Italy has just elected a new President – by giving the incumbent, Sergio Mattarella, a second term of office. An outbreak of ‘business as usual'? No, says Bill Emmott – the election has exposed deep divisions in party politics, which could have ramifications for government stability
The election of Italy’s new head of state, the President of the Republic, concluded on 29 January. It surprised us – and probably many of the 1009 'grand electors' involved – by leaving things exactly as they were. Sergio Mattarella was persuaded to accept a second seven-year term. As a result, Mario Draghi will stay as Prime Minister.
To describe this stasis as being dramatic sounds about as convincing as telling a non-cricket-fan that a Test match has ended in a thrilling draw. Yet in some respects it was, in addition to being revealing about Italy’s constitution and the state of Italian politics.
There have been no changes in the President’s constitutional powers or functions in recent decades. However, as Gianfranco Pasquino writes in The Presidents of the Republic, the role of the head of state has expanded.
Political parties have become more fragmented and, at many times, weaker. As a result, the mediating powers of the Presidency – over Parliamentary dissolutions, designation of prime ministers, approval of ministers and assent to legislation – have become more useable and more required.
The 1948 constitution places no explicit limit on the term of the President. However, until Giorgio Napolitano in 2013, none of the by then ten heads of state had served more than a single seven-year term. President Napolitano, despite being 88 years old, agreed to a further term. By doing so, he broke the deadlock over who should succeed him.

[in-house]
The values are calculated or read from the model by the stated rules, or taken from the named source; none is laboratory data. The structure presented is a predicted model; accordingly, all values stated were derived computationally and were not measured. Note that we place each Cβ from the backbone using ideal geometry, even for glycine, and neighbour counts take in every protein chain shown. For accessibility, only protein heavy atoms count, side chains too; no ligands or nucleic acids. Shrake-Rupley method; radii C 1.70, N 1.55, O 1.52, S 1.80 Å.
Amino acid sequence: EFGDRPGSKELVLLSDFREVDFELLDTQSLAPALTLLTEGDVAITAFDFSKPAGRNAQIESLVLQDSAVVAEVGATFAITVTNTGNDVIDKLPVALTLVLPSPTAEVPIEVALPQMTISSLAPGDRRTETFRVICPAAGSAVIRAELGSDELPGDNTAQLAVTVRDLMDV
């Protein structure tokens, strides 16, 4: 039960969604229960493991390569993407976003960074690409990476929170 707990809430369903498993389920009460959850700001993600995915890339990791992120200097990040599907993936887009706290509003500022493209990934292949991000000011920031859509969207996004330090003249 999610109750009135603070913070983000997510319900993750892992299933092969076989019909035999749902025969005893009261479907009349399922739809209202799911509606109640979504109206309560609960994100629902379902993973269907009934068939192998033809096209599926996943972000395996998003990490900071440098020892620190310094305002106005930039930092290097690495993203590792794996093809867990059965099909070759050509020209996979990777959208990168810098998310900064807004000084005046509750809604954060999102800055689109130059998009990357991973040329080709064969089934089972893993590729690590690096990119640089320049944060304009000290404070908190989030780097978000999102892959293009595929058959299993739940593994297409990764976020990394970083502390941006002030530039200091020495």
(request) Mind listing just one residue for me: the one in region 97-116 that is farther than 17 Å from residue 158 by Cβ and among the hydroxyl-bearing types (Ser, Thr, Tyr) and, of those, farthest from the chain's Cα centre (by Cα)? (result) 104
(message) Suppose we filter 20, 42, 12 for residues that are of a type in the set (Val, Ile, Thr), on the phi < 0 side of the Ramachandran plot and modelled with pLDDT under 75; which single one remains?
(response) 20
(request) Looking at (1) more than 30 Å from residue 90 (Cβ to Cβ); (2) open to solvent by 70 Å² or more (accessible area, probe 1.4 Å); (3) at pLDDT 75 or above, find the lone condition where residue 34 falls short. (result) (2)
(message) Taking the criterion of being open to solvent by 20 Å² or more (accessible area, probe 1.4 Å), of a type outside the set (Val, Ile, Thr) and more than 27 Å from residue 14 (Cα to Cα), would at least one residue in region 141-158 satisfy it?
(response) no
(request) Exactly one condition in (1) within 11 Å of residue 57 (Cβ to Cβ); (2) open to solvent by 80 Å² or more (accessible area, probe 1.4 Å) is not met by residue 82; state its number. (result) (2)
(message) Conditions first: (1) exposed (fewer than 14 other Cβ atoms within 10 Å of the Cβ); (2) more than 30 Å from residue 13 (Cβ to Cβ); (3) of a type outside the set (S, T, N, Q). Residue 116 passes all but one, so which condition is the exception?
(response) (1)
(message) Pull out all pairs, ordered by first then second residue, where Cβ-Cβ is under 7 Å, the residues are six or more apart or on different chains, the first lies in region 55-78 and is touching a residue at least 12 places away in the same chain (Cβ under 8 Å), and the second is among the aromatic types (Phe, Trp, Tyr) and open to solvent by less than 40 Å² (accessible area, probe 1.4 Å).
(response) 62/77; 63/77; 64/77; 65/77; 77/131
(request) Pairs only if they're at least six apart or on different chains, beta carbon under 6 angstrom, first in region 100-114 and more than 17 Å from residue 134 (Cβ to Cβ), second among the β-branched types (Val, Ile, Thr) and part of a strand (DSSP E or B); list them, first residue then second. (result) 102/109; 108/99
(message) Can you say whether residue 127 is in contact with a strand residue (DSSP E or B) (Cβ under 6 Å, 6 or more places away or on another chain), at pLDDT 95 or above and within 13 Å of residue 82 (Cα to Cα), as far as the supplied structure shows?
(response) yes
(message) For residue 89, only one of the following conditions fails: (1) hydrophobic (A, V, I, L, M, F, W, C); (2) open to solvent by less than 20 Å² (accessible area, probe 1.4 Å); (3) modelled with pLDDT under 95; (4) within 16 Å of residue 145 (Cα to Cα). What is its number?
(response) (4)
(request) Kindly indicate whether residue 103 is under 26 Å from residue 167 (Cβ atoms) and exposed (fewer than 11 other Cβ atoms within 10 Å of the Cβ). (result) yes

On that occasion, a Parliamentary election two months previously had left the Chamber of Deputies and Senate deeply divided. President Napolitano then stepped down in 2015 at the age of 90. By this time, almost the same 'grand electors' elected Sergio Mattarella on the fourth ballot.
The President's powers have grown – but still do not include the right to choose when to retire
This time, President Mattarella had said repeatedly and publicly that he would not accept a second term. However, on the eighth ballot (the most that have been required since 1992), the grand electors showed one thing clearly. Even if the President’s de facto powers have grown, they do not include the right to choose when to retire. He was, with a thumping majority, elected again.
The outcome may have disappointed the 80-year-old President Mattarella, but it is unlikely to have surprised him. In contrast to 2013, the 2022 deadlock was caused by a general election that is to come, not by one just held.
The constitution requires an election by 1 June 2023 at the latest. But the difficulty was that the most obviously eligible candidate to succeed President Mattarella was Mario Draghi. Draghi, a former central banker, has been serving since February 2021 as a non-party-political prime minister.